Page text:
**Absolute value in R** : If we have the real numbers on a number line, by *Dedekind’s Postulate* , we know that each point on the line corresponds to a single real number and vice versa. Since there are positive numbers and there are negative numbers, we place the positives to the right of the origin O of the coordinate system of the line and the negatives to the left. Two things interest us the distance between two points on the number line and the distance from one point to the origin. Precisely this distance gives us the concept of absolute value of a real number, this understood as the coordinate of a point on the line.

## Summary

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- 1 Definition
- 2 Equivalent definitions
- 3 Properties
- 1 equations
- 2 Basic inequalities

- 4 Generalization
- 1 Norm of a complex
- 2 Modulus of a vector

- 5 Applications
- 6 References
- 7 Sources

## Definition

It is agreed that the distance from point A (a) to the origin O (0), denoted by d (A, O), represents the absolute value of the number a, which locates point A.

- d (A, 0) equal to the absolute value of the real number a, denoted by | a |

| a | = a when a is non-negative

| a | = -a as long as a is negative

In case of a positive number, arithmetically, the absolute value is the same number; the value of 0 is 0, and the value of a negative number is its opposite.

## Equivalent definitions

- | to | = (a
^{2})^{5}, in other words, the absolute value of a is equal to the arithmetic square root of its square. - | a | = max {a; -a}, when a ≠ 0, a ≠ -ay have a different sign, but one of them is positive, just the one that is positive is the largest and is its absolute value.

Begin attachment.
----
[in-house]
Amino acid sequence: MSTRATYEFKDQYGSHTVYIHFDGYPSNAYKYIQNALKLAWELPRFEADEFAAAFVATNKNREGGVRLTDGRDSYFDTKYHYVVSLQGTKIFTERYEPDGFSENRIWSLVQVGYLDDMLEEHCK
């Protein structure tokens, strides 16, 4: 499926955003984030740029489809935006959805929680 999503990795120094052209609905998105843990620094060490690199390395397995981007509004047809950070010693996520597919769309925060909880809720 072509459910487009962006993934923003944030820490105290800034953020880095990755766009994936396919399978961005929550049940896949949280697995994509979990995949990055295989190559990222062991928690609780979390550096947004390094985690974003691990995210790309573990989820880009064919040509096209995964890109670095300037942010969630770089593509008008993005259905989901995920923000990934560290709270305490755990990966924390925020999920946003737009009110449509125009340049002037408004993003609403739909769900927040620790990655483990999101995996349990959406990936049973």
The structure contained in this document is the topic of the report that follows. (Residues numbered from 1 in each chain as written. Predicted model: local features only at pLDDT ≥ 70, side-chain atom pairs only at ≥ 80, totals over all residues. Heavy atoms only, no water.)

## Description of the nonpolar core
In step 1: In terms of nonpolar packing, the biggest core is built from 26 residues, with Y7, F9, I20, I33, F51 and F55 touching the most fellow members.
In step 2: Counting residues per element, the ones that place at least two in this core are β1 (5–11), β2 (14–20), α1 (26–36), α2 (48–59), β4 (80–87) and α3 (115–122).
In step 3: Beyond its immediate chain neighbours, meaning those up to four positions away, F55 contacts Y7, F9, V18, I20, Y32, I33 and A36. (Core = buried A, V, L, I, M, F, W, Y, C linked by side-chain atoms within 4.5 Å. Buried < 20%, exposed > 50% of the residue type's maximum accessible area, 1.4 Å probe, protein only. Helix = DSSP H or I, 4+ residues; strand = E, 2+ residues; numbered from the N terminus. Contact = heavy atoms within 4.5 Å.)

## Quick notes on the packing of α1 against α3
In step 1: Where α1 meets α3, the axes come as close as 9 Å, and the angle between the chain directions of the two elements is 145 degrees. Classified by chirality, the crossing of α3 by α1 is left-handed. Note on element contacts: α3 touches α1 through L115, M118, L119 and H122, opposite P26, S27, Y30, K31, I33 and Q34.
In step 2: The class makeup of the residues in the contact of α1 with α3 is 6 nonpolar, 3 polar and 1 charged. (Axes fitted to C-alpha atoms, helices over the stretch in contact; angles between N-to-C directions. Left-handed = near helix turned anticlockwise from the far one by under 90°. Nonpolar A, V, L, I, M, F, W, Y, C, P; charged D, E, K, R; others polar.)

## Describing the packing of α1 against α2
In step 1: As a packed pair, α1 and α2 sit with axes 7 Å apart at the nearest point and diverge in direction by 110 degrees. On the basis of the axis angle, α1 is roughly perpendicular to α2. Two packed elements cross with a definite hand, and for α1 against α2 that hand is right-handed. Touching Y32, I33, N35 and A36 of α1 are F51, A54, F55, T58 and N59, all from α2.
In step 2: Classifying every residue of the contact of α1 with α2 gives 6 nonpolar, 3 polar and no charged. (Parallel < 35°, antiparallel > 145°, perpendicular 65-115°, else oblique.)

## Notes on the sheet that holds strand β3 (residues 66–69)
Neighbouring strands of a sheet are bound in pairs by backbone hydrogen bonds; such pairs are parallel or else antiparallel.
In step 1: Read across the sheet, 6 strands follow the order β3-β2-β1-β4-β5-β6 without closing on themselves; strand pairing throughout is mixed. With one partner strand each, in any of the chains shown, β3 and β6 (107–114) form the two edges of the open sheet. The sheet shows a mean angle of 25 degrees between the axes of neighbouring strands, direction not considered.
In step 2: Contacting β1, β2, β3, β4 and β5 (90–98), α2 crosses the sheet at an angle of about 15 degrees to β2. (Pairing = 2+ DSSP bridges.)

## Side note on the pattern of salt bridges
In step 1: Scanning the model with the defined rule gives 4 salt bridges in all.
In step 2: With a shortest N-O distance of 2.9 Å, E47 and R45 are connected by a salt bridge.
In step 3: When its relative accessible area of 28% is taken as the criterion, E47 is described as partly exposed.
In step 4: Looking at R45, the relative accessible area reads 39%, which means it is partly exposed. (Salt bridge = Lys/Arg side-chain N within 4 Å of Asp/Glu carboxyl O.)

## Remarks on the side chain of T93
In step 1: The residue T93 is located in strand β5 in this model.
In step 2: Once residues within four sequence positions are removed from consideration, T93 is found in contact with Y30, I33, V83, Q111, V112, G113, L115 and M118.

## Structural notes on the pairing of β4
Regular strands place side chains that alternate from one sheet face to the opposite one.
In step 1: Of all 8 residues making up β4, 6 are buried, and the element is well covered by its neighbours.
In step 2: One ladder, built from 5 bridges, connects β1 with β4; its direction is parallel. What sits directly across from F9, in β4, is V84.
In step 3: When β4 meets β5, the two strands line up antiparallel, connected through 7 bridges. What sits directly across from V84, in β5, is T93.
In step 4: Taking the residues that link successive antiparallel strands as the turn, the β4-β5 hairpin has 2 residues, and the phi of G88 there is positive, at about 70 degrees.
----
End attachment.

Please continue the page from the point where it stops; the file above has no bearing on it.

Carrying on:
- | a | = a × sgn (a), where sgn (a) represents the sign of a, which is 1 if a> 0; is 0, when a = 0 and -1, when a is negative.

## Properties

- | a | ≥ 0; the absolute value is non-negative and is zero only when a = 0.
- | a | = | -a |, both the number a and its opposite -a have the same absolute value.
- | a |
^{2n}= a^{2n}for n positive integer. The even power of the absolute value of every number is equal to the even power of it. - | ab | = | a || b |, the absolute value of a product is equal to the product of the absolute values of the factors.
- | a ÷ b | = | a | ÷ | b |, for the quotient, a particular case of the product, that is, by the multiplicative inverse of the divisor, which must not be null.
- The number a is is one of the extremes of the interval [- | a | , | a |]
- | a ± b | ≤ | a | + | b |, the absolute value of a sum or difference of any two numbers does not exceed the sum of their respective absolute values. As an example: | -15 – (- 35) | ≤ | -15 | + | -35 |.
^{[1]}. - || a | – | b || ≤ | ab | the distance between the absolute values of two numbers does not exceed the distance between those numbers.

### Equations

- | x | + | and | = 1 its graph is a square whose vertices are at (1,0), (0,1), (-1,0) and (0; -1)
- y = | x-1 | its graph is a pair of perpendicular rays in the positive half plane with a common point (1.0)
- y = 1 – | x |, its graph is a pair of perpendicular rays, in the direction of the negative half plane, with its common point, and vertex of the angle formed by the rays, the point (0.1)

### Basic inequalities

- | x | <c, sss -c <x <c if the absolute value of a number is less than a positive, the first is in the open end interval -c and c.
- | x | > c> 0 if i x> c or x <-c, x is outside the open interval (-c; 0)

## Generalization

### Norm of a complex

### Module of a vector

## Applications

- The absolute value is used to define a bounded and unbounded sequence of real numbers.
- It is also used to find the limit of a limited sequence
^{[2]} - It is used when defining the limit of a real function of real variable.
- It is used to find the distance between two points M and N of a number line, d (M, N) = | mn | where m and n are the coordinates of the points cited.
- It can be used to define a continuous function of R in R, without resorting to the concept of limit.